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Triploblasty is a condition of the blastula in which there are three primary germ layers: the ectoderm, mesoderm, and endoderm. The germ layers form during gastrulation of the blastula. Additionally, the term may refer to any ovum in which the blastoderm splits into three layers.[1]

All "higher" and "intermediate animals" (from flat worms to humans), arise from a triploblastic ovum. Triploblastic organisms are organisms that develop from such an ovum. Generally speaking, triploblastic organisms belong to the Bilateria subregnum. Triploblastic organisms generally possess bilateral symmetry, which is where the clade Bilateria takes its name.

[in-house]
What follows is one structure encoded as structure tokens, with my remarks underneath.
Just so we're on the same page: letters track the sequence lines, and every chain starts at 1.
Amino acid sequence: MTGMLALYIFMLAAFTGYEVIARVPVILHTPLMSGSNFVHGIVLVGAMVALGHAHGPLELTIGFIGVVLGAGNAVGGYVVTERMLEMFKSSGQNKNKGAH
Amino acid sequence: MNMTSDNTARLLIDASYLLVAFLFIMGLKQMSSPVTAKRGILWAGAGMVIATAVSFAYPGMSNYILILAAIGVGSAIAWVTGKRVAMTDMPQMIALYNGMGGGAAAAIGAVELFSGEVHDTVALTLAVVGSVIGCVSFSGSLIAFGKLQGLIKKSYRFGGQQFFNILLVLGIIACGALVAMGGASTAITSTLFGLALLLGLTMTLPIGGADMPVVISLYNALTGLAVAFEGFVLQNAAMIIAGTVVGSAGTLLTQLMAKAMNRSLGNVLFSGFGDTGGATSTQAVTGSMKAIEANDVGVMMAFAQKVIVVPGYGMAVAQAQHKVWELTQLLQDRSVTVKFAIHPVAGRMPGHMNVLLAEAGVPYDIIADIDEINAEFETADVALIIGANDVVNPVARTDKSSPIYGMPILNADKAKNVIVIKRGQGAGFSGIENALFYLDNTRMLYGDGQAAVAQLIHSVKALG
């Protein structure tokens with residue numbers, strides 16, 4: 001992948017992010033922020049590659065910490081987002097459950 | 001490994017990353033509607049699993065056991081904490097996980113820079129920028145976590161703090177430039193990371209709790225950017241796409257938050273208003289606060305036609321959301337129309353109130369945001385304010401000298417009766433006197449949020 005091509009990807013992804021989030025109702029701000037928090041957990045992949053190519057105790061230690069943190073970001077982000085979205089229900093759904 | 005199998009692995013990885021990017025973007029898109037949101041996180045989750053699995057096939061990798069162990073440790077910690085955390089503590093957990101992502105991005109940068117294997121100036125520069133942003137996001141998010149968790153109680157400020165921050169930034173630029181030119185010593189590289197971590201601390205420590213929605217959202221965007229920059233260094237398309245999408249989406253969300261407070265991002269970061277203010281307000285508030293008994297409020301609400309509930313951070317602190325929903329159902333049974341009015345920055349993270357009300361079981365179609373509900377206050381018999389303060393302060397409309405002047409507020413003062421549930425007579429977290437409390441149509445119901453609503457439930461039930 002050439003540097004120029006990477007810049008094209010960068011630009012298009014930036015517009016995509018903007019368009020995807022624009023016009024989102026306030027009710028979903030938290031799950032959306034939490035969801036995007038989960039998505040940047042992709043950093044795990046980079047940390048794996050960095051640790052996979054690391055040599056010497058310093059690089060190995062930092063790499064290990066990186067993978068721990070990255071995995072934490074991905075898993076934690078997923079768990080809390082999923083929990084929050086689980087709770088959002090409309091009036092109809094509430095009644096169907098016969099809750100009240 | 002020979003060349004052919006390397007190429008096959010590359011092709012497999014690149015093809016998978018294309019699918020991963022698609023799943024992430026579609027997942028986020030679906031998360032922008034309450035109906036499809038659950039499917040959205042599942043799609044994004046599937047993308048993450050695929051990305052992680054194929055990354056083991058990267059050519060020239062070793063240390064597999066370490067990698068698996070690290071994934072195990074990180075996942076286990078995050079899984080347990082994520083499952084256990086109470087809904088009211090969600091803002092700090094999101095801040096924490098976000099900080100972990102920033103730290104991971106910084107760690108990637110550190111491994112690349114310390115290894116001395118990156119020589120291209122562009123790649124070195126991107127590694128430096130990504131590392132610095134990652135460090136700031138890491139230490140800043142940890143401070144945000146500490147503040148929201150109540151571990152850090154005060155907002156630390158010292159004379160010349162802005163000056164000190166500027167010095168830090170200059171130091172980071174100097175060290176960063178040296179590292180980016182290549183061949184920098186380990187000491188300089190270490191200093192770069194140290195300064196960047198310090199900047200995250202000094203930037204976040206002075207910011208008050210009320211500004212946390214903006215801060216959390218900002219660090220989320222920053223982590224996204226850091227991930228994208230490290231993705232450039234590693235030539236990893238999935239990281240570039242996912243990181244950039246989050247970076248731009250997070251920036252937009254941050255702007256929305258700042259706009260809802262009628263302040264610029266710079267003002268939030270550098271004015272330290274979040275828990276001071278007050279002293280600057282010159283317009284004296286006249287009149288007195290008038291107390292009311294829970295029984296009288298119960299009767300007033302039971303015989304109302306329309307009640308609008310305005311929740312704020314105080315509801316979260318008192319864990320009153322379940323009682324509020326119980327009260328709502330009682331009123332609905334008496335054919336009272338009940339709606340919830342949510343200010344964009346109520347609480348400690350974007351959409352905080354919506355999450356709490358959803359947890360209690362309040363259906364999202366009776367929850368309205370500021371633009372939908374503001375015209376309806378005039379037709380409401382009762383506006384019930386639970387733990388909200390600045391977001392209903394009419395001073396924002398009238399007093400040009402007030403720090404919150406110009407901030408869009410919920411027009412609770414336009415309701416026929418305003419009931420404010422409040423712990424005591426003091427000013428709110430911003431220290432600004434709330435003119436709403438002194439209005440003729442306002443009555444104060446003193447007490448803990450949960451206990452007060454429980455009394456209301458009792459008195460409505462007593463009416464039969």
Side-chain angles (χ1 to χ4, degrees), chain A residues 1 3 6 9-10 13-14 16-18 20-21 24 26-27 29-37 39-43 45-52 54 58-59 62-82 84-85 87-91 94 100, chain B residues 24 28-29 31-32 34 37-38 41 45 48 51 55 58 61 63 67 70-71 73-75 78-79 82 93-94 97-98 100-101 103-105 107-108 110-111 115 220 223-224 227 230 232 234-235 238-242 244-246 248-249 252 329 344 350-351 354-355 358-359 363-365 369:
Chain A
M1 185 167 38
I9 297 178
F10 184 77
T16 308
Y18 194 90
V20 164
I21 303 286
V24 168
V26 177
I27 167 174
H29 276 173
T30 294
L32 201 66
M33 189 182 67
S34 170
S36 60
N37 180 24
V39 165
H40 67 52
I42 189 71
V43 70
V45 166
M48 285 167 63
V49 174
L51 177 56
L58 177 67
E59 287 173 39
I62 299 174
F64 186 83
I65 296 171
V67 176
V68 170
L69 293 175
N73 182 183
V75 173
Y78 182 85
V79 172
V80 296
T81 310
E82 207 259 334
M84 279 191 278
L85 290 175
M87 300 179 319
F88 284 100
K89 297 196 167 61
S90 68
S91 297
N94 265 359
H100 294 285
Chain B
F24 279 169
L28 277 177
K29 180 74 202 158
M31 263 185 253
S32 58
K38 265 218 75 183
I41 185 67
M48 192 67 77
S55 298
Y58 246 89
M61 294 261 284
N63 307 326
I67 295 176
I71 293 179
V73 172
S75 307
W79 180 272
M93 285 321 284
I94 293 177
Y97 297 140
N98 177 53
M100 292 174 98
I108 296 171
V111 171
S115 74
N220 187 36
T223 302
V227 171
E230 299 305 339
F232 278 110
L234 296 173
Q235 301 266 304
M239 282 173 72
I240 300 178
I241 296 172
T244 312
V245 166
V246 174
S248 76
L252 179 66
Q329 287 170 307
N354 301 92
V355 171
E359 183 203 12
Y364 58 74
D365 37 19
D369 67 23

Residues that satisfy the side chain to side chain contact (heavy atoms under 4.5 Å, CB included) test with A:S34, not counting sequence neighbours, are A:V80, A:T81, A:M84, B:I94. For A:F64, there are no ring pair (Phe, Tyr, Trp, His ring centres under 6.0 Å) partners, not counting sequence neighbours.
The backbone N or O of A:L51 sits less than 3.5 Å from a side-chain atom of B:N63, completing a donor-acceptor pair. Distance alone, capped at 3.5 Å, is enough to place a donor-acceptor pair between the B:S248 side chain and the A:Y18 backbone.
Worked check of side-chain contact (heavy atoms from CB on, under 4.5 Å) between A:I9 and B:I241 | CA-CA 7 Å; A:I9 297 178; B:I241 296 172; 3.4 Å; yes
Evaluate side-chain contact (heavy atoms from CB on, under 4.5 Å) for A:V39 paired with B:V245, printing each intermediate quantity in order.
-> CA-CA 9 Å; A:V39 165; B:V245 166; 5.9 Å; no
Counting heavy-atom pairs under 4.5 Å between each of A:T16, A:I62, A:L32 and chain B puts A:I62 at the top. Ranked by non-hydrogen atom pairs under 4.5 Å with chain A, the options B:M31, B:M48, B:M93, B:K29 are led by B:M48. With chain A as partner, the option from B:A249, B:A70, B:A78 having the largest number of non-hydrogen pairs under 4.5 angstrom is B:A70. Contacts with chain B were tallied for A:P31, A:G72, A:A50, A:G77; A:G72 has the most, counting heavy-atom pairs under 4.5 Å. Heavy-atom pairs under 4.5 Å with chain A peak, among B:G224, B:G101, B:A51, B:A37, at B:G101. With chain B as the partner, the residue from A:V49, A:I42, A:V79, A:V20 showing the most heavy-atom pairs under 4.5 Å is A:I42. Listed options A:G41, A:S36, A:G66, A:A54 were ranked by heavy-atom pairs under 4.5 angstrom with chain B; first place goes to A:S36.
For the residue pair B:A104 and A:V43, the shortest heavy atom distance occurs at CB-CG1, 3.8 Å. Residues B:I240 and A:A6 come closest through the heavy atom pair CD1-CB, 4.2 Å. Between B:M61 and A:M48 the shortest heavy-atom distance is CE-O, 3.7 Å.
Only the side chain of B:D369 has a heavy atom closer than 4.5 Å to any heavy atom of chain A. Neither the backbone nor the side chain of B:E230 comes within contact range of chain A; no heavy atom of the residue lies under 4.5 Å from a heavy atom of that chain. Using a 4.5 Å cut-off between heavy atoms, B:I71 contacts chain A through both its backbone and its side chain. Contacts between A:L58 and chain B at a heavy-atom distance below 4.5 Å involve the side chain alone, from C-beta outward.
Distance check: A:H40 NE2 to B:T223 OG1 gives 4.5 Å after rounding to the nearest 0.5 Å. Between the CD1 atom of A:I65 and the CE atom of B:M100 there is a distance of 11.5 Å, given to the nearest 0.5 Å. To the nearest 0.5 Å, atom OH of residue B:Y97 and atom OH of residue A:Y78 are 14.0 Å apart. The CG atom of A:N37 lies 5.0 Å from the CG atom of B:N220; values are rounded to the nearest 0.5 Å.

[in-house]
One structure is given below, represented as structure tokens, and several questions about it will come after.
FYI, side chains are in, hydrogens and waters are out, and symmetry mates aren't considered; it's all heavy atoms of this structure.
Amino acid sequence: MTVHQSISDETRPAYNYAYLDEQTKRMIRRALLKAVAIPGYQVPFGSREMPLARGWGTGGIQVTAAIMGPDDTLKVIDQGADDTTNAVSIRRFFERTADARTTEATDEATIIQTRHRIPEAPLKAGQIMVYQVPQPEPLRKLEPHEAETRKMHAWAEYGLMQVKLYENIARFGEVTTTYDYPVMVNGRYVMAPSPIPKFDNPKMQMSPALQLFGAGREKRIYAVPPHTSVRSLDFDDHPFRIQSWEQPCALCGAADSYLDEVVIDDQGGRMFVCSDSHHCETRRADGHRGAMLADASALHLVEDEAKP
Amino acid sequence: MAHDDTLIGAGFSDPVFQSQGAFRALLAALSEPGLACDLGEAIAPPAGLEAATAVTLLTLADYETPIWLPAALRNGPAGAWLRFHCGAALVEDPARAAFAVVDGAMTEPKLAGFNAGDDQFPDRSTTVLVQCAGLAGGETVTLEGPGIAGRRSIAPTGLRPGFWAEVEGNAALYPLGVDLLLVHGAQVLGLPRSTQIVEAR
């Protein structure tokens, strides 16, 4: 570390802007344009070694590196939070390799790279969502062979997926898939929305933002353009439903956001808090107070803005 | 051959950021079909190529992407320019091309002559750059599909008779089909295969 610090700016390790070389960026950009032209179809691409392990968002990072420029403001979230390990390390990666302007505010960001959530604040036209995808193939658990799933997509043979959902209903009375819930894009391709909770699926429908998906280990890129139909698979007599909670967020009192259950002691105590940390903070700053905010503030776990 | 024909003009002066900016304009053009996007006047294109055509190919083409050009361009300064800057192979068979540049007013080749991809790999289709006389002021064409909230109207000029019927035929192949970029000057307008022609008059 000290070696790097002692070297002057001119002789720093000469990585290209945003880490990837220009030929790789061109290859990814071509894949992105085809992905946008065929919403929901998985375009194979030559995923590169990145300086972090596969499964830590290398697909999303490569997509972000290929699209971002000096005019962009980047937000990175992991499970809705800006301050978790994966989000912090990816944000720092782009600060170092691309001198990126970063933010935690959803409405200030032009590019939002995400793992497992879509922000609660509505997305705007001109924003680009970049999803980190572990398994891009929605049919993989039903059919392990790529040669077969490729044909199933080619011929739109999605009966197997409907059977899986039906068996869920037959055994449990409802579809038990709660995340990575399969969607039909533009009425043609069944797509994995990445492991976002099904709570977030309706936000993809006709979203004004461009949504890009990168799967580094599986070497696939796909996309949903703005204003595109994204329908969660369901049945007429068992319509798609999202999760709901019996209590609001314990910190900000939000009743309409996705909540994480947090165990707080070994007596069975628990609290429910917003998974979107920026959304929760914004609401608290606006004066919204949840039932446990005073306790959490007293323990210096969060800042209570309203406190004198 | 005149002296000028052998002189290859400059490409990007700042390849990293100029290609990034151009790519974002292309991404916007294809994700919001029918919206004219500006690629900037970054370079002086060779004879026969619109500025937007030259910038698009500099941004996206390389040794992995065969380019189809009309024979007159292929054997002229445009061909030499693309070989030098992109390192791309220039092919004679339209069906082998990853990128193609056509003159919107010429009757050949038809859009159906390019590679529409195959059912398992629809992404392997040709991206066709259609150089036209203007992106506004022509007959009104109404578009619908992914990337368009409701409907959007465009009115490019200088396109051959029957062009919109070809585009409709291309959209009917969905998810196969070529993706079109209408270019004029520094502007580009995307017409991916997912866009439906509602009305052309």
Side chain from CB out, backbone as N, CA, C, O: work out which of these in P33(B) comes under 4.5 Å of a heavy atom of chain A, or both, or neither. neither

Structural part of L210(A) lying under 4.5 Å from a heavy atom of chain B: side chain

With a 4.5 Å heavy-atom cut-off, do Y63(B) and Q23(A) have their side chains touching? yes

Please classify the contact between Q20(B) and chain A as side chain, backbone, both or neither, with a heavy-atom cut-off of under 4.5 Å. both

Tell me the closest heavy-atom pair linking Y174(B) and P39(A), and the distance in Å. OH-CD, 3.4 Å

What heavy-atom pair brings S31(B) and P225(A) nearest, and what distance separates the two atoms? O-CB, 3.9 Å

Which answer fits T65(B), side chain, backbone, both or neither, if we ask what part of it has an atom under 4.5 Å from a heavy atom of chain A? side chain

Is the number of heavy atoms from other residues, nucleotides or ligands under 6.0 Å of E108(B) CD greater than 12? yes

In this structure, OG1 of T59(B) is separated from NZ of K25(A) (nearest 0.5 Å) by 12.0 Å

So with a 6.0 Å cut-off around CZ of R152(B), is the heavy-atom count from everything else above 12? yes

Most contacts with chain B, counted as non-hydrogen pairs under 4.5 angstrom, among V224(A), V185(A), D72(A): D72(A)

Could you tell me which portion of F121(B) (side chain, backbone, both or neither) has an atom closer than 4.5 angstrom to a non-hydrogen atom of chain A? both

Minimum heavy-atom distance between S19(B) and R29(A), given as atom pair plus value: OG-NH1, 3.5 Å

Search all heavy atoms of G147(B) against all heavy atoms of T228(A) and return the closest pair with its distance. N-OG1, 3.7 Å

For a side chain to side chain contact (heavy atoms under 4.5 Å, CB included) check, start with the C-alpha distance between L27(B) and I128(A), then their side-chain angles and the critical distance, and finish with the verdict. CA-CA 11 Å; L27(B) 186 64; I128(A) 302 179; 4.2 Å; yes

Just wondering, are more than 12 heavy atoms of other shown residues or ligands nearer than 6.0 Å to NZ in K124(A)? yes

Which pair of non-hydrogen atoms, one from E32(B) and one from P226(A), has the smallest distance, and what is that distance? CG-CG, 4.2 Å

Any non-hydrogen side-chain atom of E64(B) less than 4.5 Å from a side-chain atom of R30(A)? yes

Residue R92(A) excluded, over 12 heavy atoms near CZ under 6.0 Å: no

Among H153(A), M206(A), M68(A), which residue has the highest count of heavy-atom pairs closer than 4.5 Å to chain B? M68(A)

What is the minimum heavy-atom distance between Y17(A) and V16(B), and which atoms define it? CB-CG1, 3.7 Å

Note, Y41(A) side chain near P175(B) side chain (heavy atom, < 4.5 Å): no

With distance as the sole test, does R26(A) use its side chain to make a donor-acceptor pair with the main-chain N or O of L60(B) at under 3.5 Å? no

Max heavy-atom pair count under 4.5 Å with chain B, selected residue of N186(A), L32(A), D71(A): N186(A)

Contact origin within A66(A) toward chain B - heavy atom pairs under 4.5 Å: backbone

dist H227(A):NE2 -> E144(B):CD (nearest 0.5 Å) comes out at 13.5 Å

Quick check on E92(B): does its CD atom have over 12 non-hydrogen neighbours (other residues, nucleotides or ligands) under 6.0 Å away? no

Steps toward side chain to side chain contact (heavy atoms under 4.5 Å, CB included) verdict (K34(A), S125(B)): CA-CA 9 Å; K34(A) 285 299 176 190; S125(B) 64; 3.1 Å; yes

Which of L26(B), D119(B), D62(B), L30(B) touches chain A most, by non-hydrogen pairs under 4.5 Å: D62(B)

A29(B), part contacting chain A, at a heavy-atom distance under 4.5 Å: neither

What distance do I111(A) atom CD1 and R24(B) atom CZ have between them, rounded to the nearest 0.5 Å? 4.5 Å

Simpler animals qualified as diploblastic, such as cnidaria (which includes jellyfish, corals and hydra), possess two germ layers. Even simpler animals, such as sponges within the formally termed Porifera phylum, contain no true tissues. Body wall of Porifera consists of mainly two layers pinacoderm and choanoderm and a non cellular structure present between these two layes called mesohyl.

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  1. ^ Ravichandra (Jan 1, 2008). Plant Nematology. I. K. International Pvt Ltd. p. 29. ISBN 9788189866617.